Suppose that three police officers go to a suspect's house to execute an arrest warrant and that they [enter illegally]․ Once inside, they encounter the suspect, identify themselves, show him the warrant, and tell him that they are placing him under arrest. The suspect, however, breaks away, shoots and kills two of the officers, and is preparing to shoot the third officer when that officer disarms the suspect and in the process injures him. Is the third officer necessarily liable for the harm caused to the suspect on the theory that the illegal entry ․ rendered any subsequent use of force unlawful? The obvious answer is “no.” The suspect's conduct would constitute a “superseding” cause that would limit the officer's liability.51
While there is no precise test for determining when a civilian's intervening acts will constitute a superseding cause of his own injury, relevant considerations include whether the harm actually suffered differs in kind from the harm that would ordinarily have resulted from the officer's initial actions; whether the civilian's intervening acts are a reasonably foreseeable response to the officer's initial actions; whether the civilian's intervening acts are themselves inherently wrongful or illegal; and the culpability of the civilian's intervening acts.52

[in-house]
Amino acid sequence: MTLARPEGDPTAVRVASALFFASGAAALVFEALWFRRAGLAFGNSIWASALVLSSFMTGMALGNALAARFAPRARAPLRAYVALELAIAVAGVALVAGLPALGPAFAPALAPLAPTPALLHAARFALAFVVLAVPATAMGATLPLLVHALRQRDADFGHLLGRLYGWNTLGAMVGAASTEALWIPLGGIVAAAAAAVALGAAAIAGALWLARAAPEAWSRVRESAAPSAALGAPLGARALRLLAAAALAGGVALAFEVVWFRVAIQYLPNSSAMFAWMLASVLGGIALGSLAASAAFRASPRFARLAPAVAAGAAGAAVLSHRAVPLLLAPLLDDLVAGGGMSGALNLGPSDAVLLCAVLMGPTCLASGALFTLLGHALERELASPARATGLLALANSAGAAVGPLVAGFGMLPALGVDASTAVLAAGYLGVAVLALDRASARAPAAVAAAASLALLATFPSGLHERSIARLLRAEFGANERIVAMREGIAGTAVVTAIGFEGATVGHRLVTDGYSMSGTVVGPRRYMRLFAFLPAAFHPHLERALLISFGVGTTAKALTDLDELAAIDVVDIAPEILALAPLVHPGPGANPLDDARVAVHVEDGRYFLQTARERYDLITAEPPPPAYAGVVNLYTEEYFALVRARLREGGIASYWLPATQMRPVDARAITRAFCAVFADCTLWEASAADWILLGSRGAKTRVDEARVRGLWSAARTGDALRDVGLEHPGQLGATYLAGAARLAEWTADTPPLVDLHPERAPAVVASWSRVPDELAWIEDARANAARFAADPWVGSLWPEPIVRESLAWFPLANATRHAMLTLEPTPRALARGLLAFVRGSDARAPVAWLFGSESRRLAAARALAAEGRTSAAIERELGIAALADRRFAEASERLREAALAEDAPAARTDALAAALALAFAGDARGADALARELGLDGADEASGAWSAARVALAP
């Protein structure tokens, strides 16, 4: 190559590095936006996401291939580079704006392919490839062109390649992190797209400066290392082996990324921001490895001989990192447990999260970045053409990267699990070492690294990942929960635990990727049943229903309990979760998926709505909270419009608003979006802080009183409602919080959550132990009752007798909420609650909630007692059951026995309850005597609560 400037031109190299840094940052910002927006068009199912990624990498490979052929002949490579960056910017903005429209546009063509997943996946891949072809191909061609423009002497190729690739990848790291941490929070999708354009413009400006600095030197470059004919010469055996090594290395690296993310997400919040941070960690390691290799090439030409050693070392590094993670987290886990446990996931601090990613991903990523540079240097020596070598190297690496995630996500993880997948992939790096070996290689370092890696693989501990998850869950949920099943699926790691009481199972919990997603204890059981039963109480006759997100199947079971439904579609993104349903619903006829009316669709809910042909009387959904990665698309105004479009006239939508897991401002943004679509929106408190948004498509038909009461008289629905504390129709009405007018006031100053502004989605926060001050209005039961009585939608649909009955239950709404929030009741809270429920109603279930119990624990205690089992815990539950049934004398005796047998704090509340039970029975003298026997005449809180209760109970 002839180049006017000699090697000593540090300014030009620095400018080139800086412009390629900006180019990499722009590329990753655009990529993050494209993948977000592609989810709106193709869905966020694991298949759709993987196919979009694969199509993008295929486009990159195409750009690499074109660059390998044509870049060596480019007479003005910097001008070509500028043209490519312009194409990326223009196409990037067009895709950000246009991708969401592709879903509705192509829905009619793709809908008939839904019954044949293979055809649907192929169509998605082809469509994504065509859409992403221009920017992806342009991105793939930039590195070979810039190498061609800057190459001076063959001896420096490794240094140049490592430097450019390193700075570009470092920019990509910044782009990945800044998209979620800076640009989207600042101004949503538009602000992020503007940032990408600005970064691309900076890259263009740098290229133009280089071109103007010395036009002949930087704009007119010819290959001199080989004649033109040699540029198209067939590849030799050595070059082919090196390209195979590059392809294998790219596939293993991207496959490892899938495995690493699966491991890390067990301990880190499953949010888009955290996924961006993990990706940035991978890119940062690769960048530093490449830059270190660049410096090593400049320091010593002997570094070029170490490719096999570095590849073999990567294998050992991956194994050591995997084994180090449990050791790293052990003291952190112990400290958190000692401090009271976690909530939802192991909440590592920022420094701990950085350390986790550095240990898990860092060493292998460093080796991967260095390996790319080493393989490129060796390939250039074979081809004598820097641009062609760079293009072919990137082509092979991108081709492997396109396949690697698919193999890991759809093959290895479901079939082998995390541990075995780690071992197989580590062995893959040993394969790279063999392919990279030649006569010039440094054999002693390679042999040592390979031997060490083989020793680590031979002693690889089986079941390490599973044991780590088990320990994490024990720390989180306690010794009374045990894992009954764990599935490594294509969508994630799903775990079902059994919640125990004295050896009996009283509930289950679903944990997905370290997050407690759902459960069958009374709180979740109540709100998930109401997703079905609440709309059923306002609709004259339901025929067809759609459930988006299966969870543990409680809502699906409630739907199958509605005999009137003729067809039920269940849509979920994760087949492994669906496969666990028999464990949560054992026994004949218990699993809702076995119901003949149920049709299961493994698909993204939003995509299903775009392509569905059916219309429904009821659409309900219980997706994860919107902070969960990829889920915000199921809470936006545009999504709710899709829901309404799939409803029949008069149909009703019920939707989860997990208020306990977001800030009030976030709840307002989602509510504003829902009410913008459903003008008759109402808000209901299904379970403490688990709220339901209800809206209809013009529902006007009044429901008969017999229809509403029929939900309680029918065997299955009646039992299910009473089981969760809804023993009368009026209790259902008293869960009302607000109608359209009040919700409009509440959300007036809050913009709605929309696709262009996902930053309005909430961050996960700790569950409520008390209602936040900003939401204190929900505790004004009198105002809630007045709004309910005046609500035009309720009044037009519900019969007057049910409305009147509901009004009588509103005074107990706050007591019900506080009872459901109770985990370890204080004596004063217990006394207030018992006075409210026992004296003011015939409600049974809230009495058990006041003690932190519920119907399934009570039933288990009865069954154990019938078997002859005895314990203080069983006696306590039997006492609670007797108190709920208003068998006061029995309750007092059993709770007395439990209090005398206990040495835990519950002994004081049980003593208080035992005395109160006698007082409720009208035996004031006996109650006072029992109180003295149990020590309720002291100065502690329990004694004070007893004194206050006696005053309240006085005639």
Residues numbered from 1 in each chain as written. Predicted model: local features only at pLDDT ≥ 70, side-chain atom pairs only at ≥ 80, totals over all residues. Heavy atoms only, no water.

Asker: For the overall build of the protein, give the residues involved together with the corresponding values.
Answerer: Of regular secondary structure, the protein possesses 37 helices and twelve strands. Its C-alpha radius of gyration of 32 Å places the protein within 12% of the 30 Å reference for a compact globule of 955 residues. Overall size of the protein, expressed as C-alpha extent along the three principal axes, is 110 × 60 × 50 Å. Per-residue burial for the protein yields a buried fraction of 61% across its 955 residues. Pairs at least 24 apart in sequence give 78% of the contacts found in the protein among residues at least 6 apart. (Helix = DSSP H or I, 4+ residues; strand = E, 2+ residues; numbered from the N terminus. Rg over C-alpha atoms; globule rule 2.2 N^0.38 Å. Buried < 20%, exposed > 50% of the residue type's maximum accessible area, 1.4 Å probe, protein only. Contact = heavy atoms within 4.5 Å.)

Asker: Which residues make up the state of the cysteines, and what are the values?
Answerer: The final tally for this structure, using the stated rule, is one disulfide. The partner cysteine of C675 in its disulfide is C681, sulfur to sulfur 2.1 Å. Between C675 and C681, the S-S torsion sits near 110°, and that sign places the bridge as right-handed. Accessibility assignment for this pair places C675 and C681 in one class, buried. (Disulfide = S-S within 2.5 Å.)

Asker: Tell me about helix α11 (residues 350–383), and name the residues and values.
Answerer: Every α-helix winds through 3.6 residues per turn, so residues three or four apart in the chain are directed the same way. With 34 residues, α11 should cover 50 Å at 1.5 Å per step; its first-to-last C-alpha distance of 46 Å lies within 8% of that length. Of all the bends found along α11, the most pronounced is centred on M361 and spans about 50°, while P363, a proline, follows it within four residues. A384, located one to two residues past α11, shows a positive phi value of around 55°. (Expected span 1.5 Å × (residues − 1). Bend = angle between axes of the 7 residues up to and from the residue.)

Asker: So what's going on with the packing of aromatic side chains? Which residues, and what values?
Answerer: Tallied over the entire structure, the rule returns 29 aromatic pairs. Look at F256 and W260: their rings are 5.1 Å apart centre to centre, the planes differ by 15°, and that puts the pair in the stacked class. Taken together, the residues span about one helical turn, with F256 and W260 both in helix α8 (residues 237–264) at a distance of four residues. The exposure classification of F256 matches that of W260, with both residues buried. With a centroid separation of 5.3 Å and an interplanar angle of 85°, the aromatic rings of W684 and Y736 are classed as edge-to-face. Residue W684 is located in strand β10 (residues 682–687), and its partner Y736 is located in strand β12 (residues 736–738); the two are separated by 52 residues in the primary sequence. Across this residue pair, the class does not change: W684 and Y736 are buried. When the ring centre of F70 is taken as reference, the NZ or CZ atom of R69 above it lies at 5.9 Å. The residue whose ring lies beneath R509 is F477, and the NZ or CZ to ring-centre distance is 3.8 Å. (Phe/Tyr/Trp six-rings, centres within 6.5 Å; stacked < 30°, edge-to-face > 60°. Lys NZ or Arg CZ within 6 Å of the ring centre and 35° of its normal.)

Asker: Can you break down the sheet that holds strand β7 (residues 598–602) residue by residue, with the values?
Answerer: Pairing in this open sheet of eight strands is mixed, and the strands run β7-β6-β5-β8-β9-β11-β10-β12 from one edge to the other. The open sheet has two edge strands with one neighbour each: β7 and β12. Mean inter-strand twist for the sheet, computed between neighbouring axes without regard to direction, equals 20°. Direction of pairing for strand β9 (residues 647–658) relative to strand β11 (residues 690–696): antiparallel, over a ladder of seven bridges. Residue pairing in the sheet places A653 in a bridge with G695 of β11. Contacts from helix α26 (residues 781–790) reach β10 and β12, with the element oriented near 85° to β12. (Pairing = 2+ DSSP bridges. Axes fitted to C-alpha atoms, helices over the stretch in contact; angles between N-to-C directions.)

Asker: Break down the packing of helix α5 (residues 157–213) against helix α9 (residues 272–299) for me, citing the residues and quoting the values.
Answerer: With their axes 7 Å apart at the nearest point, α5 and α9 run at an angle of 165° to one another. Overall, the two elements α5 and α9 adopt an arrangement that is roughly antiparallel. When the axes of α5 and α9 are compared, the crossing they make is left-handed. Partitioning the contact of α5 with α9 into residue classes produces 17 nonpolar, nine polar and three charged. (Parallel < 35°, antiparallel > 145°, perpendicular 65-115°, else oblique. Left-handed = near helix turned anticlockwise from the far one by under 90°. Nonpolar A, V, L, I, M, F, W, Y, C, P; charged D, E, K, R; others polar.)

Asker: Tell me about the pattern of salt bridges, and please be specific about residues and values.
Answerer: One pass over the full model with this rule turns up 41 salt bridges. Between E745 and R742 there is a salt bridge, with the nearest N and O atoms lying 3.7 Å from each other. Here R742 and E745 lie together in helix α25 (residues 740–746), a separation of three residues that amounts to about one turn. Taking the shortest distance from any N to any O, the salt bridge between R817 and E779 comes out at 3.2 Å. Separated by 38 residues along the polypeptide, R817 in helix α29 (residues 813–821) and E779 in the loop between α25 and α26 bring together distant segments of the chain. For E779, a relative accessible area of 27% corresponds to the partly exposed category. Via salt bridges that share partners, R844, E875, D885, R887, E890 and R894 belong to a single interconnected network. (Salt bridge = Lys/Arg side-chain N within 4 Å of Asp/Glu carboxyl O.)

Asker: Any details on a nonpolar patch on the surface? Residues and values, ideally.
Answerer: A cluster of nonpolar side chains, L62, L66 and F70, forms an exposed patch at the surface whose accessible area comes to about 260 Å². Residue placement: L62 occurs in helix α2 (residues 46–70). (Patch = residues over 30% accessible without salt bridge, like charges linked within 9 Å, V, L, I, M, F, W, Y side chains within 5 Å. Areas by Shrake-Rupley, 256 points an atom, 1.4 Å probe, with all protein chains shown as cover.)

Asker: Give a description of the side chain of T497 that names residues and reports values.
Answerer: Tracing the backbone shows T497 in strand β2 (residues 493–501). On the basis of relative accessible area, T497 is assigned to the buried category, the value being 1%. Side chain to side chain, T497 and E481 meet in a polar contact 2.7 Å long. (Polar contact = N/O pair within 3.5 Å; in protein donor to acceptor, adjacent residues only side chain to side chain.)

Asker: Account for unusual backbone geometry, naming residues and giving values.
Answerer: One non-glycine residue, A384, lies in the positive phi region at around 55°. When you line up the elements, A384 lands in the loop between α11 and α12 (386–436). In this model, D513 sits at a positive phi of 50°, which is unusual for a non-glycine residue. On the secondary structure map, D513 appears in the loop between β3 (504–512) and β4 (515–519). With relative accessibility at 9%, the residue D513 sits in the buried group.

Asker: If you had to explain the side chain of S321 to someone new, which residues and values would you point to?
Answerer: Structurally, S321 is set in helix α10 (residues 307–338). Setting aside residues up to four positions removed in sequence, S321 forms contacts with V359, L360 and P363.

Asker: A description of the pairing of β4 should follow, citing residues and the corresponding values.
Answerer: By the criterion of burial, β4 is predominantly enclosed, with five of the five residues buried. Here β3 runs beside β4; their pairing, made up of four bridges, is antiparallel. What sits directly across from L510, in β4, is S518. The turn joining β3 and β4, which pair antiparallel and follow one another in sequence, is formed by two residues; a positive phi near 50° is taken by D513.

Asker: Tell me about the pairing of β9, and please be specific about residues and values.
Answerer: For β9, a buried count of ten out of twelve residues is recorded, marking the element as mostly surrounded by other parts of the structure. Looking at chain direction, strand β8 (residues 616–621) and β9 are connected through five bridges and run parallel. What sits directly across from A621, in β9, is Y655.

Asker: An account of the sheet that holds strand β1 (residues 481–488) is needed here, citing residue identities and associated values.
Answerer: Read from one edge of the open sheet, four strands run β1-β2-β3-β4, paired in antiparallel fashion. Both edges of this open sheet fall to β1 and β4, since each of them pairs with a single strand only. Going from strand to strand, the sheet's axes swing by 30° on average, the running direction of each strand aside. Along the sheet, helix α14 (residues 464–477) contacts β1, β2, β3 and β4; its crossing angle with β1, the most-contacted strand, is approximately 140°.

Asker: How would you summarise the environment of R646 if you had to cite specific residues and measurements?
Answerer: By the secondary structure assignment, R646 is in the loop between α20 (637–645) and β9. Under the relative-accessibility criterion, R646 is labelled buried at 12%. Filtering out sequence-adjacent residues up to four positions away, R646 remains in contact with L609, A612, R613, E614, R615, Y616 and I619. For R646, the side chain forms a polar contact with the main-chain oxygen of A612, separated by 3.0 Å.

Although proximate causation is generally a question of fact,53 it “becomes an issue of law when there is no evidence from which a jury could reasonably find the required proximate, causal nexus between the careless act and the resulting injuries.”54 Here, we conclude as a matter of law that Newsuan's violent, precipitate, and illegal attack on Officer Dempsey severed any causal connection between Dempsey's initial actions and his subsequent use of deadly force during the struggle in the street. Whatever harms we may expect to ordinarily flow from an officer's failure to await backup when confronted with a mentally disturbed individual, they do not include the inevitability that the officer will be rushed, choked, slammed into vehicles, and forcibly dispossessed of his service weapon. We therefore have little trouble concluding that Newsuan's life-threatening assault, coupled with his attempt to gain control of Dempsey's gun, was the direct cause of his death.